Moon chasing. Usually we see 16 moonsets & moonrises a day, but every so often our orbit happens to be right over the day/night line on Earth & the moon & sun never appear to set. Add in a partial lunar eclipse and the #Apollo50th Anniversary, & it’s a magical time to moon gaze. pic.twitter.com/6PckPsVPyO
Lava lake cycling is a whole 'nother level of weird.
Some volcanoes maintain a near-steady levels (Mauna Ulu, Kīlauea), while others rise & fall (Pu'u 'O'o, Kīlauea on a 15-20min cycle) depending on how bubbles releas gas from the lake lava and magma in its conduit & reservoir. pic.twitter.com/D9zjTEbWn3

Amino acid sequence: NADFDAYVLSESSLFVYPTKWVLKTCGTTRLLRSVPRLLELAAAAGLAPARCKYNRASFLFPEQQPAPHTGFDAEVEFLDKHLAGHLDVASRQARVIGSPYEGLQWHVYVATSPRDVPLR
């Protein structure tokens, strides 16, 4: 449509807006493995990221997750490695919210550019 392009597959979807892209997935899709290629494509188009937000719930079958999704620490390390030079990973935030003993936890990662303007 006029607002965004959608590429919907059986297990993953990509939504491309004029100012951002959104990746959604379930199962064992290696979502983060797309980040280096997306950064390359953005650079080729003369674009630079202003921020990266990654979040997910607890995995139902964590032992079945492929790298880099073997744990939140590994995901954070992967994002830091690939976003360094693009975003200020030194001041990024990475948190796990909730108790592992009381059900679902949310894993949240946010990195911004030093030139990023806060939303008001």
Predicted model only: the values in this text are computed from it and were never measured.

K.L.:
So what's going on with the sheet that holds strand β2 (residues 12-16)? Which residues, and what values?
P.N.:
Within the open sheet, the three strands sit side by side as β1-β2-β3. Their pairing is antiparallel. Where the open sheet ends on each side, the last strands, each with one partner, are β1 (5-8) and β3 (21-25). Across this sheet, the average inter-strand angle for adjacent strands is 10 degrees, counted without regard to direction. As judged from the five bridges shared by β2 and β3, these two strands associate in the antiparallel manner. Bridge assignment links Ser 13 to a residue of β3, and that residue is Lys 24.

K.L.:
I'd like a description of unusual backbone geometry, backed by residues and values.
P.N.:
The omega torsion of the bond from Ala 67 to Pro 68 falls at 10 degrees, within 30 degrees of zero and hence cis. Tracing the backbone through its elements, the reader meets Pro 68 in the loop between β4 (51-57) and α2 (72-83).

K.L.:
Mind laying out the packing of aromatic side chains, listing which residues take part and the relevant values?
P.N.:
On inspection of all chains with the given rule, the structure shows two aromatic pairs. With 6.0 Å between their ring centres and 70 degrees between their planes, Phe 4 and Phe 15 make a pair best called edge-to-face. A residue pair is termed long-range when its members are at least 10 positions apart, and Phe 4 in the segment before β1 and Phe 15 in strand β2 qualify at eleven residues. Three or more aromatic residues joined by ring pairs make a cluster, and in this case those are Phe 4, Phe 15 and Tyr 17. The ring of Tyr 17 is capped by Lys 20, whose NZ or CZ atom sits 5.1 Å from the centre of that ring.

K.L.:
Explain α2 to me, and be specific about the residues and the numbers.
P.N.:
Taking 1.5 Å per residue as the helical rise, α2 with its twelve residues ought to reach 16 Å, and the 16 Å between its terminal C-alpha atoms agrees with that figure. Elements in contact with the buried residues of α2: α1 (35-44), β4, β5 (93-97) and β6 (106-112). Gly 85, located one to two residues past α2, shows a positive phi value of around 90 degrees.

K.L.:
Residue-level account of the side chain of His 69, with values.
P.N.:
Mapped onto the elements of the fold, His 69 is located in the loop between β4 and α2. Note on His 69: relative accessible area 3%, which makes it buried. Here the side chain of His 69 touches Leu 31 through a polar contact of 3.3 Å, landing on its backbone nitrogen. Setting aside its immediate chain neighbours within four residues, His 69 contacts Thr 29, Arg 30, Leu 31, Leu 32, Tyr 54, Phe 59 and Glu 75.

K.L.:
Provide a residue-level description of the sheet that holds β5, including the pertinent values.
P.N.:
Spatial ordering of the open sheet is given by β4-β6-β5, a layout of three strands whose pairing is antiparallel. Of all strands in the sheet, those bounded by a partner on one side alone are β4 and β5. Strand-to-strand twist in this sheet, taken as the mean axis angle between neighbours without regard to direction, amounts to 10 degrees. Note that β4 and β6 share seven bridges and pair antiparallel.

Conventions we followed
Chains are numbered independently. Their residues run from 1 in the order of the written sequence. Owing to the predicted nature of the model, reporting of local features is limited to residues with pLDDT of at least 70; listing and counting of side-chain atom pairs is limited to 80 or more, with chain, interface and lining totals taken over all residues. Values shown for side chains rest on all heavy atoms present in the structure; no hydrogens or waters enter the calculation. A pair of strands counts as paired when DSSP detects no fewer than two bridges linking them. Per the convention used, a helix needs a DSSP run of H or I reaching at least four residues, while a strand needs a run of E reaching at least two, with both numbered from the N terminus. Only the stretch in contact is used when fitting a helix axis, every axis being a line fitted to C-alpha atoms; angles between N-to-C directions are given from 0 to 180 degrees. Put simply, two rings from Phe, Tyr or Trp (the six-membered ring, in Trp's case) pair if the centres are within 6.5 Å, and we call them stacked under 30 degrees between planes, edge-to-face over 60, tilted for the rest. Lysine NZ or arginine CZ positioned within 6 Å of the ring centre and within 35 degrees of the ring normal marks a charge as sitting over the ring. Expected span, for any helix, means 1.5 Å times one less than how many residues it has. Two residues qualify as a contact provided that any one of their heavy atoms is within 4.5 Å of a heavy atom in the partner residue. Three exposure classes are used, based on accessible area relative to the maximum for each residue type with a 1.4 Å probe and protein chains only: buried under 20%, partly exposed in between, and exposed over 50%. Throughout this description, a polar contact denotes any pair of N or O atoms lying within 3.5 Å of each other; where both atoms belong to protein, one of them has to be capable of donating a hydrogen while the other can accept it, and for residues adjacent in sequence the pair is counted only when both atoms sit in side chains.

For some reason my memory of college astrophysics was that in million of years we reach a gravitationally locker condition where the earth’s rotation rate and lunar orbit period were the same. May be a false memory. Need to go look that up again.
When the Moon first formed, four billion years ago, it was 20x closer than it is today, 400x larger on the sky, and Tides were 8,000x higher.